When the dust of historical calamities settles, there is no more pressing and pertinent responsibility than to preserve the history of the persecuted.
It is of grave concern when a generation not only fails to do so, but effectively robs the persecuted of their surviving solace, their story of persecution.
The Israel Apartheid Week,
a worldwide campaign, not only distorts history and current affairs, but also robs black South Africans of their story of suffering under a genuinely racist regime.
If the status quo in Israel does resemble Apartheid, the black South African narrative must then, in order to represent a true parallel, change accordingly.
Instead of one where black people had little or no rights, it would tell of one where their freedoms surpassed those of their immediate neighbours. Instead of prohibition from benches and public amenities and exclusion from education and public discourse, Apartheid would instead have been the story of individual democratic leverage so high, a black judge could have prosecuted Verwoerd.
The campaign targets “Apartheid” Israel and its “racist” policies, whose democracy allowed for the Israeli president to be sentenced to seven years’ imprisonment by an Arab judge.
Or consider the South African tricameral system, which would similarly be replaced by a story of equal representation in parliament, through a fair and all-inclusive electoral process – just as the Israeli process is indiscriminate towards its 23% Arab population.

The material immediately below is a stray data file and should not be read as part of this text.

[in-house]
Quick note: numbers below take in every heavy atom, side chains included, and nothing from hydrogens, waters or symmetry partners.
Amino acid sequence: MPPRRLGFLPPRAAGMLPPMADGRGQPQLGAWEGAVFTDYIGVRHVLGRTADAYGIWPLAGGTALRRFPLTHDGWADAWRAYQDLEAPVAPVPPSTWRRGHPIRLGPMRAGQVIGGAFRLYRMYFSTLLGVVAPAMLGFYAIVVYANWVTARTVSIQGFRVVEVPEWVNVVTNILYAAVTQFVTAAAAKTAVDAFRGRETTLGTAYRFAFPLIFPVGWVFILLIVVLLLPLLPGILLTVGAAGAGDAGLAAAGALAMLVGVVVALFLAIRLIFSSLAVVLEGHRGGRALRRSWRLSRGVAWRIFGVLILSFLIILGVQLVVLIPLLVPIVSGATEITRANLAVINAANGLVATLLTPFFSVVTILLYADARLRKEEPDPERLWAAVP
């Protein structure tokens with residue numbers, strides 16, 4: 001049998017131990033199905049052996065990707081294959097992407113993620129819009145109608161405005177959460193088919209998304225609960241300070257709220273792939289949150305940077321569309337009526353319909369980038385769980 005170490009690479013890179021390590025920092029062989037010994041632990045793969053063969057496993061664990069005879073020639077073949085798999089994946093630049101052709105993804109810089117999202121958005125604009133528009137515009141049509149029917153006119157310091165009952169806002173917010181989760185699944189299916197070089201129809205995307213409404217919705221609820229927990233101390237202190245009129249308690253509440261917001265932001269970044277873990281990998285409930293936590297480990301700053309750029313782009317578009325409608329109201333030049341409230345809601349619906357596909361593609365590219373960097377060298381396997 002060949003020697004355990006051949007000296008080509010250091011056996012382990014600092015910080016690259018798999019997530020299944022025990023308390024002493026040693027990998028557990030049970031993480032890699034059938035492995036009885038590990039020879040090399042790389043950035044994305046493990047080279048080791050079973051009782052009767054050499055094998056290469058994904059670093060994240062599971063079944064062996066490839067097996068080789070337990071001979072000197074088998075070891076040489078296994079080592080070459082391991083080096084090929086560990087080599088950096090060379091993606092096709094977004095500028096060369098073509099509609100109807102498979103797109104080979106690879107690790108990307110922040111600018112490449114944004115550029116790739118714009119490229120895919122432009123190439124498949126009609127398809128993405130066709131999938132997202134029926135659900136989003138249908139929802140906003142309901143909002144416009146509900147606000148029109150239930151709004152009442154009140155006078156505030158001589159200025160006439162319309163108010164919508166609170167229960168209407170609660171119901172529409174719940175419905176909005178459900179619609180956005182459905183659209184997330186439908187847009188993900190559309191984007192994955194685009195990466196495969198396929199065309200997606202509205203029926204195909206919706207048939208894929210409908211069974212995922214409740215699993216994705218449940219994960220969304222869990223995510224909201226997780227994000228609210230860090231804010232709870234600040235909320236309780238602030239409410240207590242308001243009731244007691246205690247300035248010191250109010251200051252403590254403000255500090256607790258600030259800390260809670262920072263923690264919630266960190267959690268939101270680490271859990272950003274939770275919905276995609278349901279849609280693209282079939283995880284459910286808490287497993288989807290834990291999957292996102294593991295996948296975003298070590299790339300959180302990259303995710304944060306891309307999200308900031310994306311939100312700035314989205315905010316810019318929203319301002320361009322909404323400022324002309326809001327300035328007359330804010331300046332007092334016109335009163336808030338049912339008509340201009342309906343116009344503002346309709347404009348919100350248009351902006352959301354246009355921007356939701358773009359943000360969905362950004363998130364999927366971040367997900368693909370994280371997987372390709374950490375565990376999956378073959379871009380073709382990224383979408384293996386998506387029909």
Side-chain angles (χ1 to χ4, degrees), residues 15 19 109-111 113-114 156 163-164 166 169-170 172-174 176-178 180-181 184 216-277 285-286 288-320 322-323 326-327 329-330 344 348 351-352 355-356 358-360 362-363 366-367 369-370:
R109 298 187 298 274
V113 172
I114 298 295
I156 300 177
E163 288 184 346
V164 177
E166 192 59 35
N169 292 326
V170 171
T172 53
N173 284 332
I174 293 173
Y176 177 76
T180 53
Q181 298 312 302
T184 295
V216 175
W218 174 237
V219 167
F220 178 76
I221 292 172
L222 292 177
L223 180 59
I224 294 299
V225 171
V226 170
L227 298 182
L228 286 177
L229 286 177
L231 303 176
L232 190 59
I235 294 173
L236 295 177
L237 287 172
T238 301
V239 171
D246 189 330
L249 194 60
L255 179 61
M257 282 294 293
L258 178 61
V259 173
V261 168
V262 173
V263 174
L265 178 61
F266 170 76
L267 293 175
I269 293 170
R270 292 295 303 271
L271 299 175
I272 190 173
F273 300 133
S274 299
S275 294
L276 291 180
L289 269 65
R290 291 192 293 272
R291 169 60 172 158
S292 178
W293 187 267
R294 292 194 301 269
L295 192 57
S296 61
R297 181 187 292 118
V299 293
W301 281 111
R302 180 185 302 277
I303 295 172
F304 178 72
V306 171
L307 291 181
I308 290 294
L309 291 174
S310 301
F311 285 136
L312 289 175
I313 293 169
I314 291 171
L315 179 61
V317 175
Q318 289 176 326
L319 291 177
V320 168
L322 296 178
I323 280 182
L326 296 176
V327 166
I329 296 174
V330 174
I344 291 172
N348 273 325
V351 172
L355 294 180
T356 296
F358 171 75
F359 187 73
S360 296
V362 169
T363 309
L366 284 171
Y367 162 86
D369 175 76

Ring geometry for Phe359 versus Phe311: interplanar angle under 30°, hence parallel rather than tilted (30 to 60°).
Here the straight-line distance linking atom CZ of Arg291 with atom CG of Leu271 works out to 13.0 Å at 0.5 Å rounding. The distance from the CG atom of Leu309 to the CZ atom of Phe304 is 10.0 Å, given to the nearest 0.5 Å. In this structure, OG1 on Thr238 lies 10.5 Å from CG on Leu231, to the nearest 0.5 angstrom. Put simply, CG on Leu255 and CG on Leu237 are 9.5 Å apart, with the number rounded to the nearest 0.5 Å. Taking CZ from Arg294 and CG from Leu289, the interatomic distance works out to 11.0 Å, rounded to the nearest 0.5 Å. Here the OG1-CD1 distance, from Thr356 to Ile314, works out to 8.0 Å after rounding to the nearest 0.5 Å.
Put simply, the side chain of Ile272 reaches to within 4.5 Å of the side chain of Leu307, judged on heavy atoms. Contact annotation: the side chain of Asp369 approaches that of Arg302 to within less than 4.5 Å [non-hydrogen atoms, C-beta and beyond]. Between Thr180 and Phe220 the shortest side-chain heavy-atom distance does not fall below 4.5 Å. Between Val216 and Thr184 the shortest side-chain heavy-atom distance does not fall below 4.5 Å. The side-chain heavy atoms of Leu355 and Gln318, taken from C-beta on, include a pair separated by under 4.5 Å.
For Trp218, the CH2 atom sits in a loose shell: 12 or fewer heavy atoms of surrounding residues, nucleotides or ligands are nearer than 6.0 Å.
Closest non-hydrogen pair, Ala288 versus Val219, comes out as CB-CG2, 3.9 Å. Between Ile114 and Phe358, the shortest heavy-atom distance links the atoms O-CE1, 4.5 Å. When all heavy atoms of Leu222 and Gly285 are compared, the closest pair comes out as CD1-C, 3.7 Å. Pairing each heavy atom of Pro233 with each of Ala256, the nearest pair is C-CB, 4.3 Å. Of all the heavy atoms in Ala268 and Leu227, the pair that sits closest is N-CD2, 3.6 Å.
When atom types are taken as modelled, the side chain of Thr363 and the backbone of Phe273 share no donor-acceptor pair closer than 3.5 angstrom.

The campaign to isolate South Africa through sanctions and boycotts would not have occurred externally, but rather by black people from leading academic institutions within South Africa itself – just as the BDS (Boycotts Divestment and Sanctions) was launched by Arab-Israeli Omar Barghouti from Tel Aviv University.
These examples demonstrate that this flawed attempt to place two different historical stories in parallel succeeds at nothing more than robbing a persecuted people of their history.
This is not to overlook the brutalities that Israel has committed, but to reject a false analogy which does little to resolve a volatile conflict.
Just as Israel represents an actualisation of a collectively-held Zionist dream, the Palestinian people must have their dream of self-determination actualised. Their right to statehood is inalienable.
This will not be achieved through false analogies which promote polarisation and isolate the other side.
It should not exclude the Israeli camp from discourse based on accusations of Apartheid – a twisted irony, considering how white racists attempted to exclude non-white South Africans through demonisation.
If South Africans care about respecting those who tragically suffered under a genuine system of Apartheid, it is our duty to condemn Israel Apartheid Week in the strongest manner possible.
Josh Benjamin is Chairman of the South African Union of Jewish Students